Tag Archives: Flatbush

King’s County Cemetery

BDE Oct 21, 1888In October 1888, a Brooklyn Daily Eagle reporter visited an apartment on the fourth floor of a tenement building near the Brooklyn riverfront. “In a corner sat a young woman with an old face,” writes the reporter, “not an unusual sight to be seen in the more thickly-settled or poorer parts of Brooklyn.” The woman’s daughter, a girl a little over a year old, had died the night before and was lying on a bed nearby, where her body was tended by a group of neighbor women. The mother’s “grief was not of the distressing kind, yet she stared into vacancy and was apparently oblivious of what was passing around her.” Her husband was in prison serving a sentence for assaulting a man while drunk; she had been supporting herself and her daughter by taking in washing. When her child died she was destitute, so she applied to the Commissioner of Charities for a permit to have her daughter buried by Kings County. Soon the county undertaker came with a little pine box and the mother was asked to take leave of her child, which she did in an undemonstrative way. The neighbors went home and the mother was left alone in her apartment as the coffin was carried off for burial at the Kings County potter’s field in Flatbush. “It was nothing new, this scene,” our witness remarks. “Such episodes are of daily occurrence in a great city like Brooklyn.”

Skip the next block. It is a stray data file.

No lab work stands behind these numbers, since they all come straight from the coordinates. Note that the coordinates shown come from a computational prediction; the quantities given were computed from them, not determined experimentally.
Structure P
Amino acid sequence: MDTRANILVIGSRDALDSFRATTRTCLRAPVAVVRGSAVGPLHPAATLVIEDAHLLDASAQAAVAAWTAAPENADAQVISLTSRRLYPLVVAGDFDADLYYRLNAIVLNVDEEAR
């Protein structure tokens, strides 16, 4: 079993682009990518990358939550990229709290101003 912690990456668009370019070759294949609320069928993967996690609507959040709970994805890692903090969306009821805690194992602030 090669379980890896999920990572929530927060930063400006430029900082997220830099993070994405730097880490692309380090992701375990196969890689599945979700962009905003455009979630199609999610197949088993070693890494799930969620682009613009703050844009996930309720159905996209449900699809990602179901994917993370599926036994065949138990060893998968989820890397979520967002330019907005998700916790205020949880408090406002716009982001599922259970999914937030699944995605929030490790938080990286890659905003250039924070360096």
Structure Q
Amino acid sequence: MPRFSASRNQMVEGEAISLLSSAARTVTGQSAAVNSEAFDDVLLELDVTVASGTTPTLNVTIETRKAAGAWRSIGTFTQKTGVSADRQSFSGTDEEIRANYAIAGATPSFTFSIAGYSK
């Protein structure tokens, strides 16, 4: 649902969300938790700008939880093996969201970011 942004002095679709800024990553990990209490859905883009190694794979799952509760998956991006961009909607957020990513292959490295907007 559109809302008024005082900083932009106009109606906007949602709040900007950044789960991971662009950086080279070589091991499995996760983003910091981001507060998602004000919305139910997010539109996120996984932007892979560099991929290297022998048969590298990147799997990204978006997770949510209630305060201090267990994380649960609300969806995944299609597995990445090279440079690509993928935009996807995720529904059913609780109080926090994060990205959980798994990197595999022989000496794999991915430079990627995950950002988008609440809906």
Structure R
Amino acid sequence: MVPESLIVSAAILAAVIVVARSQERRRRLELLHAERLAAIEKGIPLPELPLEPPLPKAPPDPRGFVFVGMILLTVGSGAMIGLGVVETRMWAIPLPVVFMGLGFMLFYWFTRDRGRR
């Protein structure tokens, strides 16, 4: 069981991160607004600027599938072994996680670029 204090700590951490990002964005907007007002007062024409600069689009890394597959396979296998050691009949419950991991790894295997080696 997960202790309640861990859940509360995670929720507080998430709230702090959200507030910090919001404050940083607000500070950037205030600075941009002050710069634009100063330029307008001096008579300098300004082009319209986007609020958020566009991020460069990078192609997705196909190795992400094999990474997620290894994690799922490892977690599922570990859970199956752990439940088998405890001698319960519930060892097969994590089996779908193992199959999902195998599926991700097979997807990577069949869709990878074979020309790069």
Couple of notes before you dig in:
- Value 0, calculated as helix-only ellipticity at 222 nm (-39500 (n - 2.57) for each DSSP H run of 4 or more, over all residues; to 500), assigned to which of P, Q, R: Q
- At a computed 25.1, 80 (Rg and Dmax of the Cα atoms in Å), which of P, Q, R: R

A listing for the Kings Co potter’s field from a 1910 directory of NYC cemeteries

Until 1824, individual towns within New York State were required to care for their residents who did not have the means to support themselves financially. In 1824, this changed when the legislature passed an act requiring the care of the indigent poor be addressed at the county level. In 1830, the Kings County Board of Supervisors purchased land at Flatbush for erecting a poorhouse, or almshouse, for the indigent of Kings County. By the mid-19th century, this property—known as the County Farm—included the almshouse, as well as a hospital, nursery, and lunatic asylum. The buildings stood along Clarkson Avenue, facing toward Canarsie Bay. At the east end of the County Farm was the potter’s field. This was the burial place for those dying in the county’s public institutions, as well as those brought from the city of Brooklyn for burial by order of the of Charities Commissioner.